House passes $1.5 trillion spending plan without proposed $30 billion in COVID-19 relief funds

The U.S. House of Representatives passed a $1.5 trillion budget measure on Wednesday evening, just two days before the federal government was set to shut down. According to the New York Times, the bill includes a substantial assistance package for Ukraine as well as financing to keep the government functioning through September. However, Democrats cut $15.6 billion in COVID-19 funding amid bipartisan criticism.

The Biden administration claims that money for pandemic testing, vaccinations, treatments, and other attempts to prevent the spread of new COVID-19 variations are desperately needed. Officials for the administration originally said that they required $30 billion for pandemic operations. However, during talks with Republicans, that amount was reduced to $22.5 billion. Democrats then dropped the coronavirus money request, citing concerns that the entire package would collapse because of bickering over its contents.

While announcing the removal of the coronavirus funding, House Speaker Pelosi stated, “We must proceed with the omnibus today, which includes emergency funding for Ukraine and urgent funding to meet the needs of America’s families. It is heartbreaking to remove the COVID funding, and we must continue to fight for urgently needed COVID assistance, but unfortunately that will not be included in this bill.”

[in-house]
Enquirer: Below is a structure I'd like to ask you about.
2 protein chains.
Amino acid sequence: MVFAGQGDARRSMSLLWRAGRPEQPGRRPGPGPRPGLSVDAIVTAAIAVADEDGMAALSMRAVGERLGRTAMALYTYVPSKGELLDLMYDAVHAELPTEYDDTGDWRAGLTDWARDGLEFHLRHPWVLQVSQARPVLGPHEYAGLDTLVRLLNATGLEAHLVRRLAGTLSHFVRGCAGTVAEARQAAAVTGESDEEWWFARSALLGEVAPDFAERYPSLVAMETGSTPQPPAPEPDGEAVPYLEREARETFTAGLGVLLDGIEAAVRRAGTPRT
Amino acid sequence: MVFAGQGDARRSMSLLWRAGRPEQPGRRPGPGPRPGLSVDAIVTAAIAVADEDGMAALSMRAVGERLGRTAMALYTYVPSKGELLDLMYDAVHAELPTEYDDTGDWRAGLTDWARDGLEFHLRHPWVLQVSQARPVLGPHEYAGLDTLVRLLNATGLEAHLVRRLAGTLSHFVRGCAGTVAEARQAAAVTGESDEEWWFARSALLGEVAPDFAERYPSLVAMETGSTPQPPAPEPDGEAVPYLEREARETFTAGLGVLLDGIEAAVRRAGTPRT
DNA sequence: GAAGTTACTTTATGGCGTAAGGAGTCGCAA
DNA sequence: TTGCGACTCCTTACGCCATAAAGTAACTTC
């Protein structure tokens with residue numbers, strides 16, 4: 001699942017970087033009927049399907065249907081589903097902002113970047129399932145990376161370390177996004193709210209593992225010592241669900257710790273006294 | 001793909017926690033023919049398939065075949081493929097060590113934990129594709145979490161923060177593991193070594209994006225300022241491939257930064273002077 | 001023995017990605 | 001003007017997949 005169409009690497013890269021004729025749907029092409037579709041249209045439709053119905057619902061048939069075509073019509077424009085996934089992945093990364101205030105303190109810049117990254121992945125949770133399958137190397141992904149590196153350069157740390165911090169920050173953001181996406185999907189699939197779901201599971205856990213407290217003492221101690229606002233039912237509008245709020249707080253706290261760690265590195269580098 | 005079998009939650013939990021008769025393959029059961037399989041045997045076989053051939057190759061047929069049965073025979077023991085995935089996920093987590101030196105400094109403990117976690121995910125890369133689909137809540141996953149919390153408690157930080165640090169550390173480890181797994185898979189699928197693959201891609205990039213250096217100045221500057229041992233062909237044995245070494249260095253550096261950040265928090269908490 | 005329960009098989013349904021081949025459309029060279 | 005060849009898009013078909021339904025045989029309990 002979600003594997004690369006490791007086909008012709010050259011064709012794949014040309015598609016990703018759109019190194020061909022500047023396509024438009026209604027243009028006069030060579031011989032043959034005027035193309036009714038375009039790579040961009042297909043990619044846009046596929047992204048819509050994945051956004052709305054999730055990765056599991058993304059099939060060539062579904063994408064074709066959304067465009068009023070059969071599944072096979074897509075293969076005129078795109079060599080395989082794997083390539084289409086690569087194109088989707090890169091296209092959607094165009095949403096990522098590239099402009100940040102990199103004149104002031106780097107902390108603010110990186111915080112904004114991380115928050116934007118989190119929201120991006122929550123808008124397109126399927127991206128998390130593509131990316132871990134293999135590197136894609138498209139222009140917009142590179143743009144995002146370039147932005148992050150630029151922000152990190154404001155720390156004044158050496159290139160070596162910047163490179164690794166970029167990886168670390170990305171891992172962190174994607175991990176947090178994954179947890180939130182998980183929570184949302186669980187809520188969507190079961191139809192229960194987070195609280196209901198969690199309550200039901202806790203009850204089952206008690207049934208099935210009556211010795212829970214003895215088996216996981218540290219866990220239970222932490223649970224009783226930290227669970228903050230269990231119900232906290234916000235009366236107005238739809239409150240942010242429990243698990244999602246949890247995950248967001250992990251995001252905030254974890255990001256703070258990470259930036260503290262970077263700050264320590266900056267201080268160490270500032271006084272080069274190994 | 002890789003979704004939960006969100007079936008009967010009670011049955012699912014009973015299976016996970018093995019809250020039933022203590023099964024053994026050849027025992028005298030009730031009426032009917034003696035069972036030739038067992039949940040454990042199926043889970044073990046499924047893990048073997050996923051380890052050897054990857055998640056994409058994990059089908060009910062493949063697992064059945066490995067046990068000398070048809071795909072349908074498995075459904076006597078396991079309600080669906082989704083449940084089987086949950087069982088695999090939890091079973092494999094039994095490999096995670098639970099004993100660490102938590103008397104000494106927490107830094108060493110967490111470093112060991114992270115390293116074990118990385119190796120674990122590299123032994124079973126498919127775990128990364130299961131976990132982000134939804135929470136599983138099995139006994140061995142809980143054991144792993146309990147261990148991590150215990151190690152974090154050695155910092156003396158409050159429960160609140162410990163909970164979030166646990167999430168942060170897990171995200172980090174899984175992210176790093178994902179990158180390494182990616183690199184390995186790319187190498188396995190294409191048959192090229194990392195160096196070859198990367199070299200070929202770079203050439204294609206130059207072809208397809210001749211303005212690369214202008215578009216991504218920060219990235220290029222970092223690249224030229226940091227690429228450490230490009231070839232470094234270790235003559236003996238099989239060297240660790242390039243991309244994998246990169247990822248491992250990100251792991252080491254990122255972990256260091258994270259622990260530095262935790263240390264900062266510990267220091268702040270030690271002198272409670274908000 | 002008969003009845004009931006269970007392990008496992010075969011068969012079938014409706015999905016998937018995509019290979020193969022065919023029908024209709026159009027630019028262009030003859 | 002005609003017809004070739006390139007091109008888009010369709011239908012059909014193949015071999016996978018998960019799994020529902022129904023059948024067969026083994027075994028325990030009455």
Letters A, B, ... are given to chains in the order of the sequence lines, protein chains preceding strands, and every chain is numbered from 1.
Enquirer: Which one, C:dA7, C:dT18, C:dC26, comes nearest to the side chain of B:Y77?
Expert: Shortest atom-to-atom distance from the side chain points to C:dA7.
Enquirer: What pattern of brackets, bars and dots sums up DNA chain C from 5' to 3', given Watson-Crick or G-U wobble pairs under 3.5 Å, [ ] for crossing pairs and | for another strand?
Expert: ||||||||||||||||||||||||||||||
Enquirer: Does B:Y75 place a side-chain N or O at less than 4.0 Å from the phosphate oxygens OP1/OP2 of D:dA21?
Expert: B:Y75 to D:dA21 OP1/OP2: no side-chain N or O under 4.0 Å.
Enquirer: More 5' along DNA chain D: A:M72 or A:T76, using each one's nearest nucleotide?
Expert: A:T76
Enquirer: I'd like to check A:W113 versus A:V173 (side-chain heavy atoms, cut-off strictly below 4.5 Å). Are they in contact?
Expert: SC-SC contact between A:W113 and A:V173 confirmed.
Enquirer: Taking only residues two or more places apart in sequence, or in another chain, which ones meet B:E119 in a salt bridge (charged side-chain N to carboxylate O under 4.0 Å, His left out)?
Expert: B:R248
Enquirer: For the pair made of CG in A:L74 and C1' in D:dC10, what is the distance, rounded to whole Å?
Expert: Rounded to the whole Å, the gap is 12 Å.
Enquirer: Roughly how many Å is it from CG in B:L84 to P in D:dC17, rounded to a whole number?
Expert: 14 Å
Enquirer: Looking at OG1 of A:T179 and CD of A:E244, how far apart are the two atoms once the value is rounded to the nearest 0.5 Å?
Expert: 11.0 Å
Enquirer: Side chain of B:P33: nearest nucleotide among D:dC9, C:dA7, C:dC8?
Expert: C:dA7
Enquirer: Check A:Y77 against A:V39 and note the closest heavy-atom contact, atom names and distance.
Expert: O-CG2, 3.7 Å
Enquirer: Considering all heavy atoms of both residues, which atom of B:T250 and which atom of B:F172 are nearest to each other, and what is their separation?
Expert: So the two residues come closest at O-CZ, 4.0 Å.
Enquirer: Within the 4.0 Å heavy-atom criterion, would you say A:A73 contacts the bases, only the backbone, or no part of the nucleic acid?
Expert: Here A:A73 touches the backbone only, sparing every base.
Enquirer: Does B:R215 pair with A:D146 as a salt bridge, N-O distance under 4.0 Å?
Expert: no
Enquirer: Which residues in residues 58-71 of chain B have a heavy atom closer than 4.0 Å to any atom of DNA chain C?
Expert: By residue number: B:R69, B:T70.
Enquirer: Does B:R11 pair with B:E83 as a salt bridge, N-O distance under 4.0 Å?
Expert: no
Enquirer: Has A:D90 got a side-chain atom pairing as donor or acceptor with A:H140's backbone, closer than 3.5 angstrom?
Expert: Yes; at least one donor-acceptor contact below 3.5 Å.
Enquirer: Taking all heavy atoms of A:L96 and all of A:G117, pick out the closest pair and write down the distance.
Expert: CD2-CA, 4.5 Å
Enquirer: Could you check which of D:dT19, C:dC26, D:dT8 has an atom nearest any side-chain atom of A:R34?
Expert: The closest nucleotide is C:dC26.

The plan contains $13.6 billion in aid for Ukraine, a 5.6% hike in overall defense funding totaling $782 billion, and a 6.7% increase in discretionary domestic spending for a total of $730 billion. Texas Representative Chip Roy explained that the bill also includes $575 million for “family planning,” $286 million for Title X funding to “keep the lights on at Planned Parenthood,” $32.5 million for the U.N. Population Fund, and $200 million for the “Gender Equity and Equality Action Fund.”

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